Wednesday, June 12, 2013

Oregon Birding II: Trip to Frenchglen

Once when I was in high school, we took a biology class field trip out to the Malheur National Wildlife Refuge (MNWR). We were told that there were lots of birds around, but beyond that I don't remember much from our trip there. Mostly it was a good excuse to get out of class for a day.

I do remember that there are supposed to be a lot of birds there, so, while I was on my trip to Eastern Oregon, I strongly hinted to my parents that it would be fun to take a trip down to MNWR for a day to see what birds we could scare up. They were amendable to this idea and even booked a hotel room for us in the little town (population of a few dozen maybe) of Frenchglen. We headed down on Wednesday morning with the plan of looking for birds on the way, staying the night and then driving to MNWR proper the next morning.

We had gone only a few miles and we spotted a Ring-necked Pheasant (1) and Cinnamon Teal (2), both new year birds for me. We were birding at 60 mph and having some success, though it helps that the Eastern Oregon landscape is open and largely treeless. Of course, without trees you might wonder where do the birds live? Good question.

What you see lots of in Eastern Oregon
Near Harper, Oregon, my Dad pointed out some large shore-bird types out in the middle of a field, so we did a quick u-turn and found a nice group of Long-billed Curlews (3). My Dad called them mylamore birds; don't ask or you will get his well-used joke. Anyways, on we went towards Crane, Oregon, passing through some of the best raptor viewing territory around. It did not disappoint. Of course, there were Red-tailed Hawks (and lots of them) but there were also a lot of Ferruginous Hawks (4). Pretty much every few miles, we would see a hawk sitting on top of the telephone pole or soaring in the thermals and I actually got tired of trying to ID every raptor and told my Dad to speed it up some. We next passed by fairly large, deadpan lake that was half wet and half dried. The birds were a fair bit off (a couple hundred yards?) so we could only make out American Avocets (5).

We briefly stopped at the Round Barn to visit their gift shop and use their bathroom. I could not believe what I was seeing as we pulled into the parking lot. It was an owl....a Burrowing Owl (6). I watched it while my parents took a look around the gift shop. This is also where I saw a Loggerhead Shrike (7). You know, I didn't really think of shrikes as being desert birds, but there it was sitting on top of a sagebrush.
Burrowing Owl enjoying a warm Oregon afternoon.
We pushed on to Frenchglen and on the way, we saw White-Faced Ibis (8), Franklin's Gull (9) and Sandhill Crane (10) in marshy fields of southern reaches of the MNWR. Driving into Frenchglen, we saw several groups of birders. How did we know they were birders? Very few locals in Eastern Oregon drive Subaru's wearing large floppy khaki hats while sporting $500 binoculars. And not many answer "Great Tailed Grackle" to the question, have you seen anything good today? It looks like we had found a 'birding hotspot'!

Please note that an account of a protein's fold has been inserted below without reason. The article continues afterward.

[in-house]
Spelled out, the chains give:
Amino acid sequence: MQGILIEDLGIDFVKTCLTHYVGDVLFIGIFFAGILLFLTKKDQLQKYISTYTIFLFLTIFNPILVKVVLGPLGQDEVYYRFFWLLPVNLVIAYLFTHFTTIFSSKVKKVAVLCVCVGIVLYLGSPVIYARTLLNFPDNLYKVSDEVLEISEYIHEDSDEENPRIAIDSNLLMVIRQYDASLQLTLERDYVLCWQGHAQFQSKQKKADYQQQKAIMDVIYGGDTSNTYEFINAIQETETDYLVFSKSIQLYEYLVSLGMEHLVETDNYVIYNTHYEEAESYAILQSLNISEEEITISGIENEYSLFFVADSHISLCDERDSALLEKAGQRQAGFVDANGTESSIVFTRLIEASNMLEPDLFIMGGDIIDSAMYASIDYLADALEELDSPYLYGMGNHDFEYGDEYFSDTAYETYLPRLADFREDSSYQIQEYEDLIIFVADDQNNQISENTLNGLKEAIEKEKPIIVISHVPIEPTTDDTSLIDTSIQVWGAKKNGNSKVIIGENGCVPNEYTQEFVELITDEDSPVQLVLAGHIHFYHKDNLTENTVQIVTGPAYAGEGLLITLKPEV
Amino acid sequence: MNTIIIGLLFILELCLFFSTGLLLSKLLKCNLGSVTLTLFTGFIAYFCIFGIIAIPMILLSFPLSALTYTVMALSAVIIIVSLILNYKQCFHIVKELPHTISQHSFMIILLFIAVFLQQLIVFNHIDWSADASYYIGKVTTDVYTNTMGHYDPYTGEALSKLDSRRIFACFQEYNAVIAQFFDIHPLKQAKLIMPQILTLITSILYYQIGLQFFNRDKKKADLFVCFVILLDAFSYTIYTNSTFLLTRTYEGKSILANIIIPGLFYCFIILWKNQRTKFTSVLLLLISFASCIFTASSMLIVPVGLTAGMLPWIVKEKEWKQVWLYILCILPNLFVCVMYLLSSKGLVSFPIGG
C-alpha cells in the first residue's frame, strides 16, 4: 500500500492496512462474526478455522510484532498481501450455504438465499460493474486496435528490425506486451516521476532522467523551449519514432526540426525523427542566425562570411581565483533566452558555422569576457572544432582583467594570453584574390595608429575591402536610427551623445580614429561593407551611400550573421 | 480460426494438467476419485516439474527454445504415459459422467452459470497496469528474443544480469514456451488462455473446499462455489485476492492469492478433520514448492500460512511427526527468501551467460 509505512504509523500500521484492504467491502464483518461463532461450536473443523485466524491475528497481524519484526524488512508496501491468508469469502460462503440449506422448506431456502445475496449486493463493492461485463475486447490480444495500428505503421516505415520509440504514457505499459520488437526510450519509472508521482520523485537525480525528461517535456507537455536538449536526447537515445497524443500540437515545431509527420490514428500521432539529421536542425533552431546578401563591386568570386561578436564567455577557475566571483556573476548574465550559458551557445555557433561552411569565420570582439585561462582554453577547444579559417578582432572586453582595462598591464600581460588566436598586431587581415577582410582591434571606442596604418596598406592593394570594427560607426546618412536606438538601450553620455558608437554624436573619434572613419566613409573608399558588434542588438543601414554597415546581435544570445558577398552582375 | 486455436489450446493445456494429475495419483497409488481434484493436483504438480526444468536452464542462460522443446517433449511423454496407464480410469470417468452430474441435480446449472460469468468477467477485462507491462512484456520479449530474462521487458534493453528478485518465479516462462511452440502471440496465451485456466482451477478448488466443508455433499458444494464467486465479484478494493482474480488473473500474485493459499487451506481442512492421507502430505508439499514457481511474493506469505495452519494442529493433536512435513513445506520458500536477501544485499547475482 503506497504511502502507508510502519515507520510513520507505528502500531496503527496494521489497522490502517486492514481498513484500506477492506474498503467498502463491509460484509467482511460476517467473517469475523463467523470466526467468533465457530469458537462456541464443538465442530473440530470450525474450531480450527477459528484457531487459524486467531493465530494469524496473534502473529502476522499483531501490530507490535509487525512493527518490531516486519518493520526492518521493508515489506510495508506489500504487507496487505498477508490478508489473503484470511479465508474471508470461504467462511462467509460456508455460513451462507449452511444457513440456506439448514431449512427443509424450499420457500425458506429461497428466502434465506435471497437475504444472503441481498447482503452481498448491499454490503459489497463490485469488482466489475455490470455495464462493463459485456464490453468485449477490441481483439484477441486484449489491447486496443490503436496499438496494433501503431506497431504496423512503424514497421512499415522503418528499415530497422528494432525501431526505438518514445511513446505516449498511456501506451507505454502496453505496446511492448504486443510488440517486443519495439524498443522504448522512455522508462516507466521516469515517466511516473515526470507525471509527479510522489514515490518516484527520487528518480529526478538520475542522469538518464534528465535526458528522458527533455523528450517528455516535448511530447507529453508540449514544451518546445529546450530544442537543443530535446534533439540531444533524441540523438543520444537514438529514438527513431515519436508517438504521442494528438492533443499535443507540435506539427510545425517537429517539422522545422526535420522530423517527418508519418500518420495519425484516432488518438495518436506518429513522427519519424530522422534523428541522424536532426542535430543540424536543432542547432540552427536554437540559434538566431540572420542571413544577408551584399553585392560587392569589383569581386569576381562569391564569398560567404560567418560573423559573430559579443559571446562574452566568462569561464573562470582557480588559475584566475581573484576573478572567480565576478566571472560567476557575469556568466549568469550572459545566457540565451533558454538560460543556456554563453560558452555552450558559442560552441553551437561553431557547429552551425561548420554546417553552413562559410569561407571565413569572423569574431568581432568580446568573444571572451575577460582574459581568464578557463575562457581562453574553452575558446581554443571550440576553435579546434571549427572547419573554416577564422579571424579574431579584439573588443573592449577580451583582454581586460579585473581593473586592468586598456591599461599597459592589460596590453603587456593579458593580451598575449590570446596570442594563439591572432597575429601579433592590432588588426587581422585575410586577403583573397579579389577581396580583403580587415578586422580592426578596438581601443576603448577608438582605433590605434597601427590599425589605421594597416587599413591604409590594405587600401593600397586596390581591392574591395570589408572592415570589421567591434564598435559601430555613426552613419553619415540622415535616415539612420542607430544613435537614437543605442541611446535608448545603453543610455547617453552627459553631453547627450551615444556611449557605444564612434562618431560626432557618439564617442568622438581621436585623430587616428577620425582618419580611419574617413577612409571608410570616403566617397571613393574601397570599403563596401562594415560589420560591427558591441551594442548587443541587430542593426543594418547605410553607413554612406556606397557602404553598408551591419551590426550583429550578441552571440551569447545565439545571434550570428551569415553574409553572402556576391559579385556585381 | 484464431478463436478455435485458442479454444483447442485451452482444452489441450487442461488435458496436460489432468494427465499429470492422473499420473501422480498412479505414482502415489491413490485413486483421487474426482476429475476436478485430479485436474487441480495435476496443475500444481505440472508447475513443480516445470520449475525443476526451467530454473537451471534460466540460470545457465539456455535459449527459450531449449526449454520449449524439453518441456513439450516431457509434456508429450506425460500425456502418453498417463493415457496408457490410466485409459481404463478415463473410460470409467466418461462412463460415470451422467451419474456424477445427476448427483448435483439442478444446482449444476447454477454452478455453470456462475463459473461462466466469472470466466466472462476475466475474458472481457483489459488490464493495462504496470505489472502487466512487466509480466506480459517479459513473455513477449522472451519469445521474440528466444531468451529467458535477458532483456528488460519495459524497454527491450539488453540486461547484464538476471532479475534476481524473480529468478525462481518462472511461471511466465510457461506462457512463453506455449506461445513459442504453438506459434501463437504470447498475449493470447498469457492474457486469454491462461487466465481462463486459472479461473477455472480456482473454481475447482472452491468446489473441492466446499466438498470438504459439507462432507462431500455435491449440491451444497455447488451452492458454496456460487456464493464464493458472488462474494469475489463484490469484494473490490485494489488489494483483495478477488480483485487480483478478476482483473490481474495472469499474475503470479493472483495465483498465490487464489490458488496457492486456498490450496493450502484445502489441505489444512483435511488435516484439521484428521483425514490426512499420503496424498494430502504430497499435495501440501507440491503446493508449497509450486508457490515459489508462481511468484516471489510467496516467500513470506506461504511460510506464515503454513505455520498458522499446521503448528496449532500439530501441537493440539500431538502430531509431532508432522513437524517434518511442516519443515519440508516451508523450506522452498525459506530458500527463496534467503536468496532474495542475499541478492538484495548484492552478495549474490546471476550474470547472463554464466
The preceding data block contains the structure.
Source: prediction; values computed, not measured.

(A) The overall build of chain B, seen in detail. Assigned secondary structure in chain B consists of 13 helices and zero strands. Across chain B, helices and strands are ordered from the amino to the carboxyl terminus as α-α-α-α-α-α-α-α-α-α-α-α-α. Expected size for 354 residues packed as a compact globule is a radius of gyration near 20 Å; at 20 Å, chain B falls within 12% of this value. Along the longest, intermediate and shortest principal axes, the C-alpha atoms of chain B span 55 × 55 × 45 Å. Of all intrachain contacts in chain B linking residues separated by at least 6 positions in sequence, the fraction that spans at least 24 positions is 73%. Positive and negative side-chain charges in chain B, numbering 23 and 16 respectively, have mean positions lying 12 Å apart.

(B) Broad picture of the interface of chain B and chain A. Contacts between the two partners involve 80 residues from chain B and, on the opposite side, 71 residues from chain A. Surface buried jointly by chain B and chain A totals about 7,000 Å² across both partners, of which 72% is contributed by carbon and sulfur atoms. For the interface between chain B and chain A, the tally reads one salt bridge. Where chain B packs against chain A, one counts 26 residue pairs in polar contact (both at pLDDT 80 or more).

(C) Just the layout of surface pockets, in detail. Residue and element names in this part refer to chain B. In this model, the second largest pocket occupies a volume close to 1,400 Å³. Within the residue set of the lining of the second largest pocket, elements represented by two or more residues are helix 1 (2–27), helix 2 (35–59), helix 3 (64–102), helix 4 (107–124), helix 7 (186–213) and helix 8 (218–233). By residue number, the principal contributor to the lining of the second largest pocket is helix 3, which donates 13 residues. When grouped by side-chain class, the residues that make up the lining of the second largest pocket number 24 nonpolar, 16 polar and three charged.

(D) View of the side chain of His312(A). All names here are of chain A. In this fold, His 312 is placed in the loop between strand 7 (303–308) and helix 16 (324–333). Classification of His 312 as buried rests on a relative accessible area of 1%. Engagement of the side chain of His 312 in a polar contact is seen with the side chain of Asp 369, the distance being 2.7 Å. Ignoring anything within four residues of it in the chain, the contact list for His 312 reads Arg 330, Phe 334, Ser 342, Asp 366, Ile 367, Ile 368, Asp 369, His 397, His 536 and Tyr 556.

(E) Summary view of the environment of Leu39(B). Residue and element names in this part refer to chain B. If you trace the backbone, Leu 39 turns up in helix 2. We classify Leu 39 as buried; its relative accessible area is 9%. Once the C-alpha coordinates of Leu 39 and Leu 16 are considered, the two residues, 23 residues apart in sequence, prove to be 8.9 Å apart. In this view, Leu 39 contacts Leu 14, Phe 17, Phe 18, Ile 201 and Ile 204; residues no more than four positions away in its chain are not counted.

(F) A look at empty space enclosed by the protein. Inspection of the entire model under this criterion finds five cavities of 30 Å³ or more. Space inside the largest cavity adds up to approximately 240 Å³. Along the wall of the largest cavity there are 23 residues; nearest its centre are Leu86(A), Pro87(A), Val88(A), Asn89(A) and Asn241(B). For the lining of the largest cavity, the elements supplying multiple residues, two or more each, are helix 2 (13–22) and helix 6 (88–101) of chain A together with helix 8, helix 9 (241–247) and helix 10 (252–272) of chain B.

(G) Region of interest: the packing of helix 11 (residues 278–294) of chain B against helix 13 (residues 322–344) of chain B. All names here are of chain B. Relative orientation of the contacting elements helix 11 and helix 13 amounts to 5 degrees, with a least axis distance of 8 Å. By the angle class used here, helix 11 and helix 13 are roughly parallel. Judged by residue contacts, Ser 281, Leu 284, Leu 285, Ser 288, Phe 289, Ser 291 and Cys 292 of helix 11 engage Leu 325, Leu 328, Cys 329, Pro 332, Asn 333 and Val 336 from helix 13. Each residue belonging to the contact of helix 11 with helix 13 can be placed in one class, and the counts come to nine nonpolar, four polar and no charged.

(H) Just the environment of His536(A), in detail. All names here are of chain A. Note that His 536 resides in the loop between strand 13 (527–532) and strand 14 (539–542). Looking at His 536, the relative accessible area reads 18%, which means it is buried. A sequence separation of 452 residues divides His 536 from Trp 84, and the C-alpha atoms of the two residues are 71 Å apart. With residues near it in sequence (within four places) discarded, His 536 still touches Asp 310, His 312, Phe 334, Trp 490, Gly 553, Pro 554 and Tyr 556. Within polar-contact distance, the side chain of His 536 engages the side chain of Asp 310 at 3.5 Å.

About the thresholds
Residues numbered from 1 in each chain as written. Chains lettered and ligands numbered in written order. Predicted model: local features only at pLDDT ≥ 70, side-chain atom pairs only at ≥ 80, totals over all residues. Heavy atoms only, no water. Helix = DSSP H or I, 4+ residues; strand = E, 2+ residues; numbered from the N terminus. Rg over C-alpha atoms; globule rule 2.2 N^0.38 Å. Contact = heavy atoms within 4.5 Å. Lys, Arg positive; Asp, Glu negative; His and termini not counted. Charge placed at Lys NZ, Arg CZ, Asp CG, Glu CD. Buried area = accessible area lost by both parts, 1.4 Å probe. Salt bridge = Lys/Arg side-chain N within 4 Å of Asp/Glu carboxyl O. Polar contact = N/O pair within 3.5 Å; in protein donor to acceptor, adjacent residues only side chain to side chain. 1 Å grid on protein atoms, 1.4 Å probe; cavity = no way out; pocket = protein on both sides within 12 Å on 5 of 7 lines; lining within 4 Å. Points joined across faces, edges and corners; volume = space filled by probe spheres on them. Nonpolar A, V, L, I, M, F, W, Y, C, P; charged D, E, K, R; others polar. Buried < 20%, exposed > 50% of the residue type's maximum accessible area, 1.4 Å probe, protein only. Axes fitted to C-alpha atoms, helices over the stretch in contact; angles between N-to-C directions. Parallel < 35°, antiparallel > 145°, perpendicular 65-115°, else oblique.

Across the road from the Frenchglen hotel, I saw a Black-necked Stilt (11) hanging with several cranes. We headed over to the general store for bug spray (which was badly needed) and a couple of cold beers. The girl at the store confirmed that there were lots of birders passing through but that she thought the best bird was one at the end of a shotgun. After the refreshments, I took a walk around town to see what else was around and saw a Brewer's Sparrow (12) hanging in the bushes behind the hotel.
Junipers and sage of Eastern Oregon
While my Mom took a nap, my Dad and I took a drive out into the high desert. Lots of little birds flying this way and that. We would stop to take a look and would be greeted by the local Western Meadowlark. Finally I got a good look and it was a Lark Sparrow (13) and then a Sage Thrasher (14). We turned around and started back to town. I told Dad to stop at the next wide spot and I would take a walk into the sage for a few minutes, so he pulled into the shade of a large juniper and I headed through the brush and grass. There were just meadowlarks and a raven or two. I was about back to the car when three carloads of birders arrived, looking for a Blue-gray Gnatcatcher. I said "You are looking for one here? I see them all the time back home in Ontario, Canada." No, they were looking for the one seen here a few hours back. Birders.

We took a short detour into the marsh near Frenchglen and once again I couldn't believe what I was seeing. An American Bittern did a low fly-over and landed just off the road. It struck its bittern-pose and let me snap a photo! Birding hadn't been this easy for a long time.
American Bittern in the marsh at Malheur National Wildlife Refuge.
After an enormous family-style dinner at the hotel, we headed off to the nearby P Ranch where the Turkey Vultures roost for the night. As we drove slowly into the marsh to the ranch, there was a buzz that slowly became louder until a flock of mosquitoes had zeroed onto our car. The bugs pray was less a 'repellent' and more a 'mild deterrent' to these mosquitoes, which cut short my birding attempt in the marsh. But before heading off, I got a good shot of the vulture tower.
Vultures congregating for the night.
And that was the end of our first day of birding the MNWR. We had seen 52 total bird species (not quite the Year of Birds record big day that Damon currently holds with 56) and I had seen 17 new species for the year. AND we hadn't even reached the best birding spots in the MNWR yet.

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